The birth of the popular music industry

In the late Middle Ages and Renaissance, a rigid social stratification arose when the ruling classes began to patronize music for their own entertainment that none but their peers ever heard. The nobles usually maintained wind bands for ceremonial purposes and keeping common people entertained. These bands played tunes that everyone knew. I have described this social stratification in some detail in an earlier post.

As I tried to demonstrate there, “classical” music started in the eighteenth century when the aristocracy and the bourgeoisie started liking the same music. By that time, everyone had forgotten most of the music formerly that the aristocracy had formerly patronized. When it was rediscovered, it naturally became attached to “classical” music. Whatever music the aristocracy and commoners shared, such as the pieces played by the old wind bands,  likewise joined the stream of “classical” music. The commoners’ music that did not suit the tastes of the nobility survive, if at all, as folk music.

Where, then, did what we can call popular music come from? That question is too complicated to deal with here, so this article is  mostly about the English roots of American popular music and the industrial mindset that is one of its defining characteristics.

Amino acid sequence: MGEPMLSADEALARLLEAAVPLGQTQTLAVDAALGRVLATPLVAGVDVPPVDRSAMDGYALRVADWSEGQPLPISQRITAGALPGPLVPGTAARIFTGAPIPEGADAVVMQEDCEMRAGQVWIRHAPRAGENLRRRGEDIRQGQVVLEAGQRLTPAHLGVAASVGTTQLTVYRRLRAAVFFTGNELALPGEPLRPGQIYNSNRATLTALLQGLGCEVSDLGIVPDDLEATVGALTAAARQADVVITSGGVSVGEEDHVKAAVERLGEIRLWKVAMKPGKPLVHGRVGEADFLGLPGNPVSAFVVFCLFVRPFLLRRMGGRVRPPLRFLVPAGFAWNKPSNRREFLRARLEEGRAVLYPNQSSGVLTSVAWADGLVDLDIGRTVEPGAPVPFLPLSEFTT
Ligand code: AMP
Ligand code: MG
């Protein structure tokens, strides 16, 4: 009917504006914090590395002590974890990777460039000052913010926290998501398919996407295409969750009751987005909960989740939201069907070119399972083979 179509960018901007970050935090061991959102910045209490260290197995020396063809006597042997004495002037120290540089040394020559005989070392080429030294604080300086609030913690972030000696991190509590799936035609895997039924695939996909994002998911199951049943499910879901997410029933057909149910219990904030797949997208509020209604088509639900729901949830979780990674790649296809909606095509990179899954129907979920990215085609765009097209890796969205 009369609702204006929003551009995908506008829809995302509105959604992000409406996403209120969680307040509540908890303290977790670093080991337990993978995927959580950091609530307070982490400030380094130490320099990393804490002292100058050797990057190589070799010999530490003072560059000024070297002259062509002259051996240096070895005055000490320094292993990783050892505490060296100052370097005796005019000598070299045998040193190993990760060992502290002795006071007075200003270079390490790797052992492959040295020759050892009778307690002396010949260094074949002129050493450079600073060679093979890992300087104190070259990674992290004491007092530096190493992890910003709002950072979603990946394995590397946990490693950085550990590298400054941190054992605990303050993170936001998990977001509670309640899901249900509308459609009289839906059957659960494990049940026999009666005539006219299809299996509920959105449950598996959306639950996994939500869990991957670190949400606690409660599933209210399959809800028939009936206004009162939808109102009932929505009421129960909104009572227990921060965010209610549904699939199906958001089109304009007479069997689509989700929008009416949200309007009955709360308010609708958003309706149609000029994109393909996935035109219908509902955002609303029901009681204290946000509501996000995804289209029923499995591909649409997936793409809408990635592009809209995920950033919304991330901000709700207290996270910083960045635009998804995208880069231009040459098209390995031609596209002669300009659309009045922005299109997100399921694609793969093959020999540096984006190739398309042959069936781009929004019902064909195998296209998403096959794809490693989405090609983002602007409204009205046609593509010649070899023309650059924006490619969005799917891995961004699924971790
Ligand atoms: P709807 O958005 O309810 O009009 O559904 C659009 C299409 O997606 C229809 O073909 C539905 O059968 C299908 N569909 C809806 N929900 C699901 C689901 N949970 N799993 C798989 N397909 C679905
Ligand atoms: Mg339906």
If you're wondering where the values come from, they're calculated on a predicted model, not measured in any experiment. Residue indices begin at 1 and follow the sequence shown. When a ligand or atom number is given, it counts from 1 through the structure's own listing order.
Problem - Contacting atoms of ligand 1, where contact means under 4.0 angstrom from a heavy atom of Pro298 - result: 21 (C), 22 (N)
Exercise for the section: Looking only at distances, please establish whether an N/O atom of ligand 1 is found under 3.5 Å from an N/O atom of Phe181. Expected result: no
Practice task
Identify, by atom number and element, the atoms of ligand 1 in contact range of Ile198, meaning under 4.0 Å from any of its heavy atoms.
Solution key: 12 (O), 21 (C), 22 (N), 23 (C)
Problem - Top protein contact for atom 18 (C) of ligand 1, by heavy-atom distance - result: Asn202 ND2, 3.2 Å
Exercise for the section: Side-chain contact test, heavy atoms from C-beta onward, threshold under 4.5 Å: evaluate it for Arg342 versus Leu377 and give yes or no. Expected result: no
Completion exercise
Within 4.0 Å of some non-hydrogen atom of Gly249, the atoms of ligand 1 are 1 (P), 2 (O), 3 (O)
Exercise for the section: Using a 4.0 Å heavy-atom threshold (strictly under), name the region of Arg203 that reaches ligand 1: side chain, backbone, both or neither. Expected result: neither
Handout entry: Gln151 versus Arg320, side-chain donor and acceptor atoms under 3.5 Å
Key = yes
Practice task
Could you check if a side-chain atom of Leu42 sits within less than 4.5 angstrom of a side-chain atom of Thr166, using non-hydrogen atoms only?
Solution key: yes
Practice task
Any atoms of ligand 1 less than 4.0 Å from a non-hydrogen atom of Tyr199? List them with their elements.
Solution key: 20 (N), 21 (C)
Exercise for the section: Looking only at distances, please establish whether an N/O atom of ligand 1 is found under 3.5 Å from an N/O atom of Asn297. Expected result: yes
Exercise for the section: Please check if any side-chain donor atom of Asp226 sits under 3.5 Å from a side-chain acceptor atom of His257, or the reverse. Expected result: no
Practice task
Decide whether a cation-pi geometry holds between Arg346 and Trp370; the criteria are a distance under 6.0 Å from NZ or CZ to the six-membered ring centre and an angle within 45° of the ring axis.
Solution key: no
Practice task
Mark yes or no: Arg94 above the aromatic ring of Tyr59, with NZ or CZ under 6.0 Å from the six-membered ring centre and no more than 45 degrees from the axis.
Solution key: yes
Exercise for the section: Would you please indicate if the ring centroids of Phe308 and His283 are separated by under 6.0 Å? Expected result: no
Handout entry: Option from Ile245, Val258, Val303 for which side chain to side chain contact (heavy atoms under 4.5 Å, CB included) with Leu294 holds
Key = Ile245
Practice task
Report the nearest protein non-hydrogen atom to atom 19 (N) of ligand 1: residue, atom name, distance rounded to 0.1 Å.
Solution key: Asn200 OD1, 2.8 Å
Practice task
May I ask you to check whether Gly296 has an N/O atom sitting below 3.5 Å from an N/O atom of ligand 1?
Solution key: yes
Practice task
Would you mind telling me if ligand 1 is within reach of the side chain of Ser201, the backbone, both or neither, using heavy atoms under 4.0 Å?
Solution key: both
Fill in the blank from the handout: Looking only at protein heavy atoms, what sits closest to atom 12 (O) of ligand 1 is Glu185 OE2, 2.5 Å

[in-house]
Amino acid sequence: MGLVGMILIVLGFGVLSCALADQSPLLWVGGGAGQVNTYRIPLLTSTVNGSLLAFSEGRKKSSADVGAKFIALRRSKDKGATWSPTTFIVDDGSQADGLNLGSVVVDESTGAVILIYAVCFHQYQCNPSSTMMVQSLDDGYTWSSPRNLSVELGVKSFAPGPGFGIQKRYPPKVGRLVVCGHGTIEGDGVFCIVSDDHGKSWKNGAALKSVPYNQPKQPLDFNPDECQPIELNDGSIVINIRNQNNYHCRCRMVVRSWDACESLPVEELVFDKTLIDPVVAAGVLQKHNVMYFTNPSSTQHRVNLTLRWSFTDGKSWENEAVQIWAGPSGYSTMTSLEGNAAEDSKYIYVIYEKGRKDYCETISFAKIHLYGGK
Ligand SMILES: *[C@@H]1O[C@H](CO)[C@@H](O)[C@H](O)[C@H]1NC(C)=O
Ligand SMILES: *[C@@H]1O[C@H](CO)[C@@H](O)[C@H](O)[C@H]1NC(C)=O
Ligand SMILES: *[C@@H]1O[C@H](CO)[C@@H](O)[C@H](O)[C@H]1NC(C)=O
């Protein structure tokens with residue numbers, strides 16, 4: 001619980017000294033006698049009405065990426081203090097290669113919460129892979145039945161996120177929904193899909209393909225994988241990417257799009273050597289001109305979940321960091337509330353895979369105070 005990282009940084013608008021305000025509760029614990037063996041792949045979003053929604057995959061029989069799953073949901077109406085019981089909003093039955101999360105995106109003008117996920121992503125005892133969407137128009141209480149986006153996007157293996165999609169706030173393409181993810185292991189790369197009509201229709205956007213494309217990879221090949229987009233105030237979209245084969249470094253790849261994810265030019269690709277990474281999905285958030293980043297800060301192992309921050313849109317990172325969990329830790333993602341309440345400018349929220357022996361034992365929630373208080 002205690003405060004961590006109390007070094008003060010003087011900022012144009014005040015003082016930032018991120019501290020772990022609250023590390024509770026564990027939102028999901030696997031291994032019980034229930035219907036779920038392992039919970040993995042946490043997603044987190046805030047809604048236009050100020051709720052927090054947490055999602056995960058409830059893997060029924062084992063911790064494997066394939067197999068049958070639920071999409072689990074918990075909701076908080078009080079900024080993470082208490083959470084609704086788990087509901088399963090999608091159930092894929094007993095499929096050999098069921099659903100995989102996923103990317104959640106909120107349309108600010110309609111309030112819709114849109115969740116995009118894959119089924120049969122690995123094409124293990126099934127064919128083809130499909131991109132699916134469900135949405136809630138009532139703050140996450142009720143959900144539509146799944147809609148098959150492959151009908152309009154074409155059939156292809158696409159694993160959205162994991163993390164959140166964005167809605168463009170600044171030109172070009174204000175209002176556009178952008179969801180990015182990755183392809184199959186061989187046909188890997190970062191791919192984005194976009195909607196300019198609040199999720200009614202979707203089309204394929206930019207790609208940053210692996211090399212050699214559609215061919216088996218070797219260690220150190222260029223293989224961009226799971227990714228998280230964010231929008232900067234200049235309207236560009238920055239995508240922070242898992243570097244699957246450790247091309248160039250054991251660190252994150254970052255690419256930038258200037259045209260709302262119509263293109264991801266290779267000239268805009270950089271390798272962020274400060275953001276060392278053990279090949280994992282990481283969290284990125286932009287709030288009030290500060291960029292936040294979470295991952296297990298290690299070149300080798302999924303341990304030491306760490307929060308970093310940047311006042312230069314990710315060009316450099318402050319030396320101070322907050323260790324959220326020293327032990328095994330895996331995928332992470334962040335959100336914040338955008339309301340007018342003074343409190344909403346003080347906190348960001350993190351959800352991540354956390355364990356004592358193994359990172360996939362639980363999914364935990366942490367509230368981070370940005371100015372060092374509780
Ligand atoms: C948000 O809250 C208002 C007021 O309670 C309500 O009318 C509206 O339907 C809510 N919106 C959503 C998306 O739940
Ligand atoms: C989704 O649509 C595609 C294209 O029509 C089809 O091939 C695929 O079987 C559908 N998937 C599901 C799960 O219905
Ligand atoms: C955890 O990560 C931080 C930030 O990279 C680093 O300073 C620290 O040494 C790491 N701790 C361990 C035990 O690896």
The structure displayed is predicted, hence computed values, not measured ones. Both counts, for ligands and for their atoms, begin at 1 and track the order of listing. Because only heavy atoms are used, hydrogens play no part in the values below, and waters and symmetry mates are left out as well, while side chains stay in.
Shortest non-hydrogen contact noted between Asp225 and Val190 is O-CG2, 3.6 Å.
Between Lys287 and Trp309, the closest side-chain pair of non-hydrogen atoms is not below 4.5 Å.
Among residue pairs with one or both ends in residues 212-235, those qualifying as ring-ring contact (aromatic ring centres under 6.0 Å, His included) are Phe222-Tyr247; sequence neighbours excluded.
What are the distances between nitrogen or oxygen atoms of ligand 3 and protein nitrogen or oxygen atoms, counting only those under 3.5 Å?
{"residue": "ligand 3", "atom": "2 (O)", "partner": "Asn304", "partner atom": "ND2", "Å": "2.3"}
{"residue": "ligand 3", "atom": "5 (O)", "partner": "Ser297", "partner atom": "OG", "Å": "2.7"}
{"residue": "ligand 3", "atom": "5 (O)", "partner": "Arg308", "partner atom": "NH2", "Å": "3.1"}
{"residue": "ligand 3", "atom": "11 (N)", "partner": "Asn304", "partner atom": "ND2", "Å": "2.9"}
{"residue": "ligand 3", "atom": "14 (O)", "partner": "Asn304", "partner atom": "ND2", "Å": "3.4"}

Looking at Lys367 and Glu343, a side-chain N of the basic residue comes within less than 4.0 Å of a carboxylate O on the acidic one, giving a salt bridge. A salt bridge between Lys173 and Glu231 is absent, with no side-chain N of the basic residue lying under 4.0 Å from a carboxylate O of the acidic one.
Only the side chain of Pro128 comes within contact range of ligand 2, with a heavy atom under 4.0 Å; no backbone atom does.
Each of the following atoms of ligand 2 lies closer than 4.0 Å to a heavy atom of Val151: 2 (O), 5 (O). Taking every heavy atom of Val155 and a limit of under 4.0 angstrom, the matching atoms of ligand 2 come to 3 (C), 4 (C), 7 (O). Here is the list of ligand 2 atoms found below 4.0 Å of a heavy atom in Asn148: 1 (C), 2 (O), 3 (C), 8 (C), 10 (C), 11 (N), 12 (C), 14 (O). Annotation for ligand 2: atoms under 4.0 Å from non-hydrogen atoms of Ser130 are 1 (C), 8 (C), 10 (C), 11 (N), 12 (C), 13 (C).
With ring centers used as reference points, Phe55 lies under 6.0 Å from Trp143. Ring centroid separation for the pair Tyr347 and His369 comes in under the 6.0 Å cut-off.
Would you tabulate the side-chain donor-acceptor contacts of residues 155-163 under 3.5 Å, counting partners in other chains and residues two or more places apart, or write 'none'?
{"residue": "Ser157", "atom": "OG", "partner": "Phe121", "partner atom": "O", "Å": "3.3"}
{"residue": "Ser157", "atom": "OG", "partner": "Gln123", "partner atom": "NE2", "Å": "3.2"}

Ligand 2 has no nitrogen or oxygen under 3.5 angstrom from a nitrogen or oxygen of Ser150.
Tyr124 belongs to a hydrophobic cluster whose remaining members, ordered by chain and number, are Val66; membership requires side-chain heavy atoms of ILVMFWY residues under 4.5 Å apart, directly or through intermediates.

Audiences in England, a country later disparaged as a “nation of shopkeepers” and “the land without music,” lost interest in Italian opera by the 1740s. A distinctive English opera might have developed earlier if Henry Purcell had either not died so young or had had contemporaries or successors capable of building on his foundation. Instead, English opera developed from The Beggar’s Opera (1728), in which the libretto by John Gay was set not to new music in any kind of operatic style, but to familiar, traditional tunes.

Other English authors soon provided a multitude of usually satirical libretti, likewise performed as so-called “ballad operas.” Somewhat later, professional composers, such as Thomas Arne and Joseph  Hook, wrote numerous operas in English.  Unlike Italian opera, which appealed only to the aristocracy, English opera attracted all social classes.

By the late 1790s, however, English  theatrical life had deteriorated to the point where the principal composer at the Drury Lane Theatre, Michael Kelly, could not write musical notation. He simply hummed his tunes to someone else, who wrote them out and fitted them with simple harmonies. They were very nice tunes, though, and audiences continued to go to the theater to hear them.

London’s pleasure gardens (the most important being Vauxhall, Marylebone, and Ranelagh) likewise welcomed audiences of all classes to listen to a wide variety of music. Programs included older music by Arcangelo Corelli and George Frideric Handel, newer orchestral music by Joseph Haydn and Johann Christian Bach, and songs by composers that included Arne and Hook.

What later became known as classical music (Haydn, J.C. Bach, et al.) was certainly loved by a wide spectrum of society all over Europe, but it appealed especially to sophisticated members of the audience who understood the conventions of various set forms, such as sonata form, and found pleasure in hearing what cleverness the most imaginative composers could bring to them. The music required multiple hearings of each piece to reveal all of its secrets.